Objective: To study perinatal risk factors for psychiatric symptoms in adolescents born preterm with very low birth weight or at term, but small for gestational age (GA).
Method: Mental health was assessed in 65 adolescents born with very low birth weight (VLBW) (birth weight ≤1500 g), 59 born term small for GA (birth weight <10th centile) and 81 control adolescents using Schedule for Affective Disorders and Schizophrenia for School-Age Children, Children's Global Assessment Scale, Autism Spectrum Screening Questionnaire, Attention-Deficit Hyperactivity Disorder-Rating Scale IV and Achenbach System of Empirically Based Assessment. Perinatal data included birth weight, GA, head circumference, Apgar scores, intraventricular hemorrhage, days in neonatal intensive care unit, and days on mechanical ventilation.
Results: In the very low birth weight group, lower birth weight was associated with inattention (p < .01), psychiatric diagnoses, and reduced psychosocial function (p ≤ .05). Intraventricular hemorrhage increased the risk for a high inattention score (odds ratio = 7.5; 95% confidence intervals: 1.2–46.8). Lower Apgar score at 1 min was associated with a high Autism Spectrum Screening Questionnaire score and lower Apgar score at 5 min with a high internalizing score (p ≤ .05). In the subgroup born appropriate for GA, internalizing symptoms were also associated with lower GA. In the term small for GA group, perinatal events were not associated with psychiatric problems. In contrast, low socioeconomic status was associated with externalizing symptoms.
Conclusion: Lower birth weight, shorter gestation, and intraventricular hemorrhage were risk factors for psychiatric problems in the very low birth weight group. Lower Apgar score increased the risk for autism spectrum symptoms and internalizing symptoms. Among adolescents born term small for GA, the main risk factor for psychiatric symptoms was low socioeconomic status.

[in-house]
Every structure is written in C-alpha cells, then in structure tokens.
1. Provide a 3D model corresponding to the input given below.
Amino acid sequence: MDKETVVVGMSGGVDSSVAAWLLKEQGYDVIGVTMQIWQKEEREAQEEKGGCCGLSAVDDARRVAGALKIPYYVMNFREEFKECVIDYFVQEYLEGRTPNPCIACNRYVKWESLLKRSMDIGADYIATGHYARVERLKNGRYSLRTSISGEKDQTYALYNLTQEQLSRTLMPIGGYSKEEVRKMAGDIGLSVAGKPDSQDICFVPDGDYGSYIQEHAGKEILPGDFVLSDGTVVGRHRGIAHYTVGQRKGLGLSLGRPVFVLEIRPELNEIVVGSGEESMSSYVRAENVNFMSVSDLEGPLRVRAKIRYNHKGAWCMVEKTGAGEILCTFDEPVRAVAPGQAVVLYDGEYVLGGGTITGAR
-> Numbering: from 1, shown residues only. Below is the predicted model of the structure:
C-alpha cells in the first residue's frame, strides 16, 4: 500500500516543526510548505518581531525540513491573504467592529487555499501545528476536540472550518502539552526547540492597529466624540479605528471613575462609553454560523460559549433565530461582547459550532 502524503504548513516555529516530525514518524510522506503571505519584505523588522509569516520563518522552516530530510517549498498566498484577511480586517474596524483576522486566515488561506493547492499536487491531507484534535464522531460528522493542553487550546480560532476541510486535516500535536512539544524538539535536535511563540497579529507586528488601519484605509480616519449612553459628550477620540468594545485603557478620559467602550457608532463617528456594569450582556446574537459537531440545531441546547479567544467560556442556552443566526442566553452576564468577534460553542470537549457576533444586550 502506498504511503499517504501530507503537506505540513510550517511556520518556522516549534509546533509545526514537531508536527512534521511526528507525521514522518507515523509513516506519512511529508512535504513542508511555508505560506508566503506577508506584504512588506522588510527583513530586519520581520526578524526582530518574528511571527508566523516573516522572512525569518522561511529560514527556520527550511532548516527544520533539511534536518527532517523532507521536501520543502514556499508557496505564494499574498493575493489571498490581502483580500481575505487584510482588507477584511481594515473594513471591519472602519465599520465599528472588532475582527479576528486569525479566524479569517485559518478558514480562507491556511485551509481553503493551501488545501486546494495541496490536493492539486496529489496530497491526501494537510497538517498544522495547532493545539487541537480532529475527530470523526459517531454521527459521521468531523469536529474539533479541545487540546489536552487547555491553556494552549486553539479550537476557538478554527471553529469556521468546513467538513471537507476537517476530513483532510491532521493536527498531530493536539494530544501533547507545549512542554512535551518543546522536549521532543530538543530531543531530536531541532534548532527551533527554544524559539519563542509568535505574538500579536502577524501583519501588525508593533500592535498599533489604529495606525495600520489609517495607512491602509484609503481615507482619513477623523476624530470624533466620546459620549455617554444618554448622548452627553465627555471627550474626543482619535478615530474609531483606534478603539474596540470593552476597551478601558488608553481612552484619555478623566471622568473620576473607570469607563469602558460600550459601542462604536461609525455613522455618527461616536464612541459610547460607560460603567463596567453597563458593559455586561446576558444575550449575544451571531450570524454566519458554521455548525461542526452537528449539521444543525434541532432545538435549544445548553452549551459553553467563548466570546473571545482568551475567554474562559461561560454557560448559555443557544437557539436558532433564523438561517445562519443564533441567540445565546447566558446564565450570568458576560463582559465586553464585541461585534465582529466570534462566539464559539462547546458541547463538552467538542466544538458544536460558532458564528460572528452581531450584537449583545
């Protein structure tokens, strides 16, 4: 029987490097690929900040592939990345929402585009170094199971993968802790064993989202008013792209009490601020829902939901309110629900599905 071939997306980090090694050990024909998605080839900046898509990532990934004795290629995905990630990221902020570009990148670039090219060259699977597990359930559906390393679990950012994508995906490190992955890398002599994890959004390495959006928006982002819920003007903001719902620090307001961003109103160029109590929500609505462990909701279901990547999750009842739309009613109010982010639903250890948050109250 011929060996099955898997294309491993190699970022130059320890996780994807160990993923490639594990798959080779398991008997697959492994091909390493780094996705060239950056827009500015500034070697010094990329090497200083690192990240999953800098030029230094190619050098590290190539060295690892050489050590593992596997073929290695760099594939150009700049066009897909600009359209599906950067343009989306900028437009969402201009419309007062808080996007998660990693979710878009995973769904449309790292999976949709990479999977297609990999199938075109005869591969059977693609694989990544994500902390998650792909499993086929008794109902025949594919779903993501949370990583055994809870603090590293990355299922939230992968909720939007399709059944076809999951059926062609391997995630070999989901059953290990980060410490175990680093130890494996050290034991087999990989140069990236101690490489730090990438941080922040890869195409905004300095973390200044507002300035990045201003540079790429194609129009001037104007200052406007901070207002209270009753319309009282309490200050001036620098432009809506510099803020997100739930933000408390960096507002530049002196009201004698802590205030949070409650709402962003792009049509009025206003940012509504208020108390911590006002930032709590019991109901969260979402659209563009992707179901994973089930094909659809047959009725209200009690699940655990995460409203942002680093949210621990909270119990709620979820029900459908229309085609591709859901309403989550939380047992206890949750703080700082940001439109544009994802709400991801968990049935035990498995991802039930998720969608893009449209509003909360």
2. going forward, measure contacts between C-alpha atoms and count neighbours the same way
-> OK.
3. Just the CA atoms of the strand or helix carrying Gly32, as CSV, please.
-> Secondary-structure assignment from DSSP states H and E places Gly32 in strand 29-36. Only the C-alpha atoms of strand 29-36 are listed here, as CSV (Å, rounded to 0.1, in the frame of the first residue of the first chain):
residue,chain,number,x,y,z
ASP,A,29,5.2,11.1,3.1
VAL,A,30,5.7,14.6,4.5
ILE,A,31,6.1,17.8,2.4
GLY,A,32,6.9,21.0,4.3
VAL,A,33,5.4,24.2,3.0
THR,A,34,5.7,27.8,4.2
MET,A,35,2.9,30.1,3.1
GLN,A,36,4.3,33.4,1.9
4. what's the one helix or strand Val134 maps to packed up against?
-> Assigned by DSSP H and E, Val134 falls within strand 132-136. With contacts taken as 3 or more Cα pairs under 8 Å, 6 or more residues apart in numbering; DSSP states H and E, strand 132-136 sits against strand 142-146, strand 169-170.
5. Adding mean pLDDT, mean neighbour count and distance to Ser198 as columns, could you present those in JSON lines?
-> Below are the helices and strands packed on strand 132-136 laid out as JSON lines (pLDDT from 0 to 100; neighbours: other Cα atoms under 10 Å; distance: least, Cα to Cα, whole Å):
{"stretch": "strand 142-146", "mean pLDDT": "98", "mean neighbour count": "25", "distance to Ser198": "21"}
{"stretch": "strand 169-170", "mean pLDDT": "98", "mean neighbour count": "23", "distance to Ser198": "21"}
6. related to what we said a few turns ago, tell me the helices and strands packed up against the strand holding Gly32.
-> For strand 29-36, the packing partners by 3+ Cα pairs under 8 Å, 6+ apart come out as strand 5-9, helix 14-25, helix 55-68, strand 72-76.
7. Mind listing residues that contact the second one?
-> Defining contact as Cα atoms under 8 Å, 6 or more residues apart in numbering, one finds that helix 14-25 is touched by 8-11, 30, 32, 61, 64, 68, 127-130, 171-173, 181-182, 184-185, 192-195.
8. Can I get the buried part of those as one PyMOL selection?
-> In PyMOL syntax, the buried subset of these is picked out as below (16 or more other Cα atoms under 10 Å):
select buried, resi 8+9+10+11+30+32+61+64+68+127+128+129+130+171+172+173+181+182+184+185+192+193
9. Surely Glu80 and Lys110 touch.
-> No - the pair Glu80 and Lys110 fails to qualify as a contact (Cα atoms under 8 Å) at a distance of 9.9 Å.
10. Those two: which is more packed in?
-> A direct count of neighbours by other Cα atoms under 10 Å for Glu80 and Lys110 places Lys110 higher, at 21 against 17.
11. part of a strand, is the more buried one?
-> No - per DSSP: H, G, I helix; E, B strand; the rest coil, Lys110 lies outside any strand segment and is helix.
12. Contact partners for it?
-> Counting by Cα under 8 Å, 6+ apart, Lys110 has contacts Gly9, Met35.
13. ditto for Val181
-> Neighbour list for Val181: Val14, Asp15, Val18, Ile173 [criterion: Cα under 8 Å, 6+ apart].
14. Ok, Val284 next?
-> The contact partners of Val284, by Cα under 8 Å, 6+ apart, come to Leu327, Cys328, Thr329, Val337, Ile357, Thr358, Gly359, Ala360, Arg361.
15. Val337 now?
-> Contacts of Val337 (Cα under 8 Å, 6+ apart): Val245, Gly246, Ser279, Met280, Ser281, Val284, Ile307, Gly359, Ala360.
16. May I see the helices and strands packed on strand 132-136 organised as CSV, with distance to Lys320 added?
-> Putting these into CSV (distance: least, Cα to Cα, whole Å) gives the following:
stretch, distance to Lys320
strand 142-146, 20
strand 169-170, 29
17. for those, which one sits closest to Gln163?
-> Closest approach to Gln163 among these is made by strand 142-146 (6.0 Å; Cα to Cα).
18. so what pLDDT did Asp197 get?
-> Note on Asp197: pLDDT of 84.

From the *Department of Neuroscience, Norwegian University of Science and Technology; †Department of Child and Adolescent Psychiatry, St. Olav's University Hospital; ‡Department of Laboratory Medicine, Children's and Women's Health, Norwegian University of Science and Technology; §Department of Physical Medicine and Rehabilitation; ∥Department of Pediatrics, St. Olav's University Hospital; and ¶SINTEF Information and Communication Technology, Trondheim, Norway.
Received September 14, 2009; accepted February 4, 2010.
The investigation was funded by Regional Centre for Child and Adolescent Mental Health, Norwegian University of Science and Technology, and Research Funds at St. Olav's University Hospital.
Part of the study population was recruited from a multicenter study sponsored by the US National Institute of Child Health and Human Development, NIH (NICHD contract No. 1-HD-4-2803 and No. 1-HD-1-3127).
The authors report no conflicts of interest.
Address for reprints: Marit S. Indredavik, Dr med, RBUP, Department of Neuroscience, Faculty of Medicine, Norwegian University of Science and Technology, NO-7489 Trondheim, Norway; e-mail: firstname.lastname@example.org.